"Strong parks build strong communities and strong communities build a strong Chicago," said Michael Kelly, general superintendent and CEO of the Chicago Park District. "The $28 million in cuts threaten over $90 million in projects, adversely impacting the parks of children and families throughout the city.”

A total of 27 Chicago projects at 25 parks across Chicago stand to lose $28 million for improvements if this funding is not restored. A full list of affected park projects can be viewed here. Projects in parks across the City and include new park developments, new turf fields, facility renovations and ADA transition renovations.

"Governor Rauner needs to retreat quickly and unfreeze these funds," said Dr. Conrad Worrill. "We need to save our parks for our children -- particularly African-American children who will benefit from track and field, which has such a storied history in Chicago."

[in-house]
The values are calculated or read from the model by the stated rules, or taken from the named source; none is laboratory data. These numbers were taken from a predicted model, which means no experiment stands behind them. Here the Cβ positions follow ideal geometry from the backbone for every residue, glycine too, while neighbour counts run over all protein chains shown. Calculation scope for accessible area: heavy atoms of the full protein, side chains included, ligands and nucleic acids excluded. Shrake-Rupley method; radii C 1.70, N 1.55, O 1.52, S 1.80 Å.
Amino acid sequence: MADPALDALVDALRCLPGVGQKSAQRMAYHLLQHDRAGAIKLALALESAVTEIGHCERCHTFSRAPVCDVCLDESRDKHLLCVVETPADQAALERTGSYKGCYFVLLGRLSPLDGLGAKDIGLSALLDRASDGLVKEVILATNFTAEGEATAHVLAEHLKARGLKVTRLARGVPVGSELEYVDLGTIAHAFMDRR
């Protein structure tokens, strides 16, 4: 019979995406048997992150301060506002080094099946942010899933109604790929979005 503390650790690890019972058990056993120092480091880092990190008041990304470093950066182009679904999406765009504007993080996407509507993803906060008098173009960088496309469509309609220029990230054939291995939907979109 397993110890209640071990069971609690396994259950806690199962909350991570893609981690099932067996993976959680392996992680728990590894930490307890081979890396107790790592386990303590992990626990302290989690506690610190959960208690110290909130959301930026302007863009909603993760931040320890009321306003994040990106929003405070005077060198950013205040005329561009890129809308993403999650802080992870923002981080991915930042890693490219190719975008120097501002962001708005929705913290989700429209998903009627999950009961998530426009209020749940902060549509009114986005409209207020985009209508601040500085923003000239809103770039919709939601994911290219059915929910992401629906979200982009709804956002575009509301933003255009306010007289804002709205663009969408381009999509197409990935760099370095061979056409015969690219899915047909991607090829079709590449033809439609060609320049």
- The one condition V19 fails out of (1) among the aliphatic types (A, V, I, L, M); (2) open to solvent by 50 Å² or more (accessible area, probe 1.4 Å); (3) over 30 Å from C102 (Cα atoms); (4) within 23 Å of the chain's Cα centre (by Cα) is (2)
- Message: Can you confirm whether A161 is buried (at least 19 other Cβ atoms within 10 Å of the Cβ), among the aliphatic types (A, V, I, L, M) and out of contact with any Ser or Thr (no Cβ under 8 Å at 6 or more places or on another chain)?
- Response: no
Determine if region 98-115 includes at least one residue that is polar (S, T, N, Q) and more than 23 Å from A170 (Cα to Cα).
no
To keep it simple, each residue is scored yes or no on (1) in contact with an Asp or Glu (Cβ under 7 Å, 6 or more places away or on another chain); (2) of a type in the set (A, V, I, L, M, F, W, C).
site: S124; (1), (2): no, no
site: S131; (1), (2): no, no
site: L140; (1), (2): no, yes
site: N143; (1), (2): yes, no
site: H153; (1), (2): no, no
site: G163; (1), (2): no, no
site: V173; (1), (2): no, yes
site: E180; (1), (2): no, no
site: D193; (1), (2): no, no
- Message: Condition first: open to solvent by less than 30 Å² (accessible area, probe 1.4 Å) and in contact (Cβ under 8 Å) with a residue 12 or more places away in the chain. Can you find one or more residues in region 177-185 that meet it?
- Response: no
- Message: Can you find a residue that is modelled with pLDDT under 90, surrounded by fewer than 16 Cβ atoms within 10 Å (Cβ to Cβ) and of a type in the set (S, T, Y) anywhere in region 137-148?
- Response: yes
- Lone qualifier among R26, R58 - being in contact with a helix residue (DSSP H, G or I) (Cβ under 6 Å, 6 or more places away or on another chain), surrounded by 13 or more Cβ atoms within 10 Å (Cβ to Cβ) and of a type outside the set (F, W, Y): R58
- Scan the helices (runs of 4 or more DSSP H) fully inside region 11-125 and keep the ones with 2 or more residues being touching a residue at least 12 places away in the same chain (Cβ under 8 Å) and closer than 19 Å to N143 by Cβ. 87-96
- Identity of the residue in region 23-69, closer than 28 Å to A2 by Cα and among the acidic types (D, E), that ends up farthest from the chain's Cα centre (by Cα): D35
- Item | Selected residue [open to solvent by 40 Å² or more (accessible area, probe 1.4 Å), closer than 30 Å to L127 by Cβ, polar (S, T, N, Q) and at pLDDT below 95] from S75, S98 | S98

Worrill has spent 30 years advocating for the project, starting with the late Mayor Harold Washington, and later with Mayor Emanuel.

"Mayor Emanuel and Ald. Harris know the significance of this project and what it means for our children and their futures. This will not only inspire our children, but economic development in the area."

"I am so disappointed that the new governor is cutting funds that affect children," said Alderman Michelle Harris. "It sends the message that he doesn’t care about children in Illinois."

"I will not stand by and let these children be harmed in the name of fiscal policy, and I join my community in demanding that this promised funding be restored," said State Senator Mattie Hunter.